Spotlight: Western Subterranean Termite

(Reticulitermes hesperus)

Written by: Robin L. Tabuchi, Research Entomologist, University of California, Berkeley.

Imagine you are buying a house and it’s time for the pest management professional (PMP) to conduct an inspection. When you get the report, you are disappointed to learn the house has subterranean termites. You are now reconsidering the purchase and anxiously searching the web for information on termites. The scenario is much more common than you might think. For example, it’s estimated that 1 in 5 homes in California have been or will be munched on by subterranean termites.

Subterranean termites live underground and build tunnels to access above-ground wood. They are social insects and live in colonies with a queen and king, workers and soldiers. Each member of the colony has its own job to ensure survival. Mature colonies can range from 5,000 to 500,000 individuals.

Fun Fact: In order to create new colonies, winged termites fly on warm, sunny days following rain in late spring and fall. They pair as kings and queens, shed their wings and burrow into the soil. A queen can live many years, but once she dies, it doesn’t necessarily mean the colony dies. There are additional members of the colony that begin to lay eggs.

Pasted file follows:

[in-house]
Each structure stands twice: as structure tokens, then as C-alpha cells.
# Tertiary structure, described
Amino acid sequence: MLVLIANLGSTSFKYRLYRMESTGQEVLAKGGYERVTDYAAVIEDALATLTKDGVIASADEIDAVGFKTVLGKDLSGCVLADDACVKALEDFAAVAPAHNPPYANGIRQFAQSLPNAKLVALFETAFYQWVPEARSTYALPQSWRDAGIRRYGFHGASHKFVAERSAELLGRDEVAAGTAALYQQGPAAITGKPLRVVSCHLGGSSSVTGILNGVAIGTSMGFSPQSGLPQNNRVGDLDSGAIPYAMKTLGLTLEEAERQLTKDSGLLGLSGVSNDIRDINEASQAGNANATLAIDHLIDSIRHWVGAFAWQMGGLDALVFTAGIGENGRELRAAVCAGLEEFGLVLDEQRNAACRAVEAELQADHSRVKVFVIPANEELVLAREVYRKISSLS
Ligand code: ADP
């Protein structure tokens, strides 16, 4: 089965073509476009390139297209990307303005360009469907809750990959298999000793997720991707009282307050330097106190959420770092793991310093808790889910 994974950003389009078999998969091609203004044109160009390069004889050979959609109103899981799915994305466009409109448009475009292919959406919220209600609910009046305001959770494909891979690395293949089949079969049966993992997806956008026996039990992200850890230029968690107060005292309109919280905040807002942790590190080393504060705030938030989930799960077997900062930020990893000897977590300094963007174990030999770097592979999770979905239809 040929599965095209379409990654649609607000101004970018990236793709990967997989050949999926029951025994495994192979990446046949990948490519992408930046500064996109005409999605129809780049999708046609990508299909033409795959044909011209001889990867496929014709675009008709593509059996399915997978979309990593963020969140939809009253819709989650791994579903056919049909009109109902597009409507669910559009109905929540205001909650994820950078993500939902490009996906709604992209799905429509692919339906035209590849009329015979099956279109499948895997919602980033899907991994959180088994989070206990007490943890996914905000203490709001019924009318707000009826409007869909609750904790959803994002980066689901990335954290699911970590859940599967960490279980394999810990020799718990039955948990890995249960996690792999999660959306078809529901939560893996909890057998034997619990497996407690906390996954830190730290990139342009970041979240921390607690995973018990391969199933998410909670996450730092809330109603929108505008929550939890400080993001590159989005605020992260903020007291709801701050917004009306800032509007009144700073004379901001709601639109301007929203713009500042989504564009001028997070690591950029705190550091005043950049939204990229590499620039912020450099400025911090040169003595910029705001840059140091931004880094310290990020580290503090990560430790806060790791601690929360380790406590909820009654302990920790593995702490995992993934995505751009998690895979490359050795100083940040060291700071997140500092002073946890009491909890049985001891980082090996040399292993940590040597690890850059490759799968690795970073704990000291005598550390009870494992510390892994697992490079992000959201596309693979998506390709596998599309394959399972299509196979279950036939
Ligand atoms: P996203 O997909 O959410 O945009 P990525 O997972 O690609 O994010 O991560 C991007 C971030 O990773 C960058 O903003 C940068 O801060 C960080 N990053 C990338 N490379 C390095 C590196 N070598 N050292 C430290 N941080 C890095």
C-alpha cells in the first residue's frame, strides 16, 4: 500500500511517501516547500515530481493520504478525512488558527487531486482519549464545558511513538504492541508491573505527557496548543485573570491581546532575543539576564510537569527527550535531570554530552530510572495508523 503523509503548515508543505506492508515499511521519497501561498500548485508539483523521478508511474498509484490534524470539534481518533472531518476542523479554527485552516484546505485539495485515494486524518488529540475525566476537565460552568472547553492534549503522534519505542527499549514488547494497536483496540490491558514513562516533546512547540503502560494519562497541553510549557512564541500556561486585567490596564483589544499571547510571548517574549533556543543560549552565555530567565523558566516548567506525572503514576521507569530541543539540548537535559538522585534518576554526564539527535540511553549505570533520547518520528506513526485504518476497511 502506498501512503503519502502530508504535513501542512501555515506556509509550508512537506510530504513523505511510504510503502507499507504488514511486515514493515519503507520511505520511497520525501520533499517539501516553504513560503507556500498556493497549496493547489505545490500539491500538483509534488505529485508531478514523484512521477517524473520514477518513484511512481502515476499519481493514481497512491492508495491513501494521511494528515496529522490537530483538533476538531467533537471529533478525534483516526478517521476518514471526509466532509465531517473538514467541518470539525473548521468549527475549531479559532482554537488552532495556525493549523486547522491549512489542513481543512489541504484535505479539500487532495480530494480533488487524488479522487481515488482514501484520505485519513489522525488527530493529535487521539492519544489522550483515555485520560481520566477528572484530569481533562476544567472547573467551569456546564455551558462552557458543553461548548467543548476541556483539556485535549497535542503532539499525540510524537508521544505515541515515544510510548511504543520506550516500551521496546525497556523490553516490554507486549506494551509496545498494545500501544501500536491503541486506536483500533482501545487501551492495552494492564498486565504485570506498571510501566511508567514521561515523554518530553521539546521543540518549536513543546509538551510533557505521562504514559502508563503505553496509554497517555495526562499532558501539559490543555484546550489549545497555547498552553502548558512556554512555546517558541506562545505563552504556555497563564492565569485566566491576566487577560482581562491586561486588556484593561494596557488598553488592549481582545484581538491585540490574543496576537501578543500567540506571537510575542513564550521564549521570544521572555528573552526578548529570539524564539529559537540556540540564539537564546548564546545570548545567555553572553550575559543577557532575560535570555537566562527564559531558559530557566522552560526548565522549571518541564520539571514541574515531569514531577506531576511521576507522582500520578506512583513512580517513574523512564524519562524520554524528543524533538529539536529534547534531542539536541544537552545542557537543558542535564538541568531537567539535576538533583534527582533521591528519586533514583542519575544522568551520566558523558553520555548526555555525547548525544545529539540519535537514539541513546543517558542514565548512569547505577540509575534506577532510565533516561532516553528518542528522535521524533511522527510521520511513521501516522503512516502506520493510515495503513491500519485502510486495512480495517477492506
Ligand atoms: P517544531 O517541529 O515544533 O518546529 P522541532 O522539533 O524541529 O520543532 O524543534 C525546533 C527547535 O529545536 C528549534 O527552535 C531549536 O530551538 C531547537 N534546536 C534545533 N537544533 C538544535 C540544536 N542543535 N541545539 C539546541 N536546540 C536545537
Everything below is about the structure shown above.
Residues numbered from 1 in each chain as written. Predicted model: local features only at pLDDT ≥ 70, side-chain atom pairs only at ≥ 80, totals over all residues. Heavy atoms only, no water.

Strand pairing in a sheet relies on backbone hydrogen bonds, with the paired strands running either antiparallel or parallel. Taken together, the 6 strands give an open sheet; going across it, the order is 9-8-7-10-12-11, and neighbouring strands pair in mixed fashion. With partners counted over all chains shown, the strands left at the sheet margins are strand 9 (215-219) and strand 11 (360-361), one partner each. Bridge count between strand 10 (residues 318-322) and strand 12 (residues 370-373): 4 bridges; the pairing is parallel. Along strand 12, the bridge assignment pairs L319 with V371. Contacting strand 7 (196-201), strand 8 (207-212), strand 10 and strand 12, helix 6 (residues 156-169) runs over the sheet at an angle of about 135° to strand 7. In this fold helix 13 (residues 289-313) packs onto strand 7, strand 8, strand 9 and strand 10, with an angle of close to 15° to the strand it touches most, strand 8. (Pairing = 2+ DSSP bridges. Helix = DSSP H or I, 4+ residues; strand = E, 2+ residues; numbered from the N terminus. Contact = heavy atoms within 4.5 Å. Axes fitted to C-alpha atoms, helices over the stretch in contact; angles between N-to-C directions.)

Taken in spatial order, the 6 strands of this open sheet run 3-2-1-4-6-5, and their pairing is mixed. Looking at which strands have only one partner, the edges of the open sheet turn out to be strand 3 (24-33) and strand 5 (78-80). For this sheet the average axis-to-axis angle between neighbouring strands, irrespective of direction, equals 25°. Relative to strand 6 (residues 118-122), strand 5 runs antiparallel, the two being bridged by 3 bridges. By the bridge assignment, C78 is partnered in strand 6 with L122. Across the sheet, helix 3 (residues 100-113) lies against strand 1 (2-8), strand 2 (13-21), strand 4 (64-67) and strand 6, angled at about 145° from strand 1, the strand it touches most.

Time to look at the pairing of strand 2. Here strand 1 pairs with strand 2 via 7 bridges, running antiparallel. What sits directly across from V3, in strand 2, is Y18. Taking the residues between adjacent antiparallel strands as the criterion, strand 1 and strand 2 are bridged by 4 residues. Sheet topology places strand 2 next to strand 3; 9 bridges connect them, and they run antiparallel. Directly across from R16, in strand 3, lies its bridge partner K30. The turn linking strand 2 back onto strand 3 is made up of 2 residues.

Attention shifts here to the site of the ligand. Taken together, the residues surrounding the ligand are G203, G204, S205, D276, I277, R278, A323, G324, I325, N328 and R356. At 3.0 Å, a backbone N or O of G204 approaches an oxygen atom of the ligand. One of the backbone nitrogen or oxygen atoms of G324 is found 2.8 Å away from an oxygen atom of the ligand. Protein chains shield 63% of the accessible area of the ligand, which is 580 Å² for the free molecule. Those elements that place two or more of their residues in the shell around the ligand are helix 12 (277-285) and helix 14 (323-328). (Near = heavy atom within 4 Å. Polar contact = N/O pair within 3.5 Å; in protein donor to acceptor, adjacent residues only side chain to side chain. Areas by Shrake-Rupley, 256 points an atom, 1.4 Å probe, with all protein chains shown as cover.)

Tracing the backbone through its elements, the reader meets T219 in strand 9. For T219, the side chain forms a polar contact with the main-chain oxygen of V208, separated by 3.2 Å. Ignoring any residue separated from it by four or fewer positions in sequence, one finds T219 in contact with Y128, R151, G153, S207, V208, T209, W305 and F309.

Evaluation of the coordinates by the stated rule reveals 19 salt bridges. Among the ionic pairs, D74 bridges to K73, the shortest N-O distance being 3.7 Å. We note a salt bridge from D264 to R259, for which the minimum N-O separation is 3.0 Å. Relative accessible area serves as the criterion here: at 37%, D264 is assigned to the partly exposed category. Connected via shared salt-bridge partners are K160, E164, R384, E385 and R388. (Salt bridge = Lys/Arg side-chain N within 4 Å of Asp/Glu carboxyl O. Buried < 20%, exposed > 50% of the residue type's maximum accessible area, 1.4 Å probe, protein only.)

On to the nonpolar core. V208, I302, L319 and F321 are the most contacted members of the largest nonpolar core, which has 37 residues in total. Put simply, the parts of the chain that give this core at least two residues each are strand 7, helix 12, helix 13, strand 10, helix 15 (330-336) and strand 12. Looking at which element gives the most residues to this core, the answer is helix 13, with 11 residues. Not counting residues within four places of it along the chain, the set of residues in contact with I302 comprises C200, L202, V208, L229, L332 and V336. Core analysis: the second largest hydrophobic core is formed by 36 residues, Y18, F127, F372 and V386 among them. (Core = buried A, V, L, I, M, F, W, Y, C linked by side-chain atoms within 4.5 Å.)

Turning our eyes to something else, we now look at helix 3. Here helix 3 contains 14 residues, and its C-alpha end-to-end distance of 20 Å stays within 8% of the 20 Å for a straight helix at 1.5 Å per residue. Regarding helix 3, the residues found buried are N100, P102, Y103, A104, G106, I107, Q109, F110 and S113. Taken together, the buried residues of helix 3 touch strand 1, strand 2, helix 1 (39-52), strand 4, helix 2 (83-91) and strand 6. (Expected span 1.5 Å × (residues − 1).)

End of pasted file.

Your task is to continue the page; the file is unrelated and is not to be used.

How do you treat a house for subterranean termites? When treating for subterranean termites, it’s imperative to treat the whole colony — not just those that are foraging on the wood in the house. Treating infestations usually requires an integrated pest management approach; using methods such as habitat modification, physical and chemical barriers, and baiting. Each particular house will have a different treatment plan. Treatment options depend on variables such as the type of foundation, soil content, where the infestation is located in the structure, and personal preference. Talk to a pest management professional about the different treatment options and costs best suited for your situation.

How soon do I need to treat? A Western subterranean termite colony eats less than an ounce of wood per day. In comparison, Formosan subterranean termite colonies (found in Southern states) can consume a pound of wood per day. This would represent an 8-foot-long 2×4 every two weeks. So, depending on how bad the infestation is and if there is structural damage or not, you may have time. Consider your treatment options and get multiple quotes. Many times you can negotiate treatment costs to be paid by the seller.

Armed with information you are now ready to make a decision about the house. Western subterranean termites are common, but finding the perfect house is rare. Even if you find a house that is free from termites, remember this: Individual subterranean termites can travel many feet per day. A single colony can forage from a distance of several feet to more than 100 feet. So, as long as we build our houses out of wood, you will likely encounter subterranean termites. Fortunately, controlling them with an integrated pest management (IPM) approach will greatly decrease your likelihood of experiencing severe subterranean termite damage.

Photo courtesy of Robin Tabuchi
Western subterranean termites. Photo courtesy of Robin Tabuchi
Categories: Pest Management
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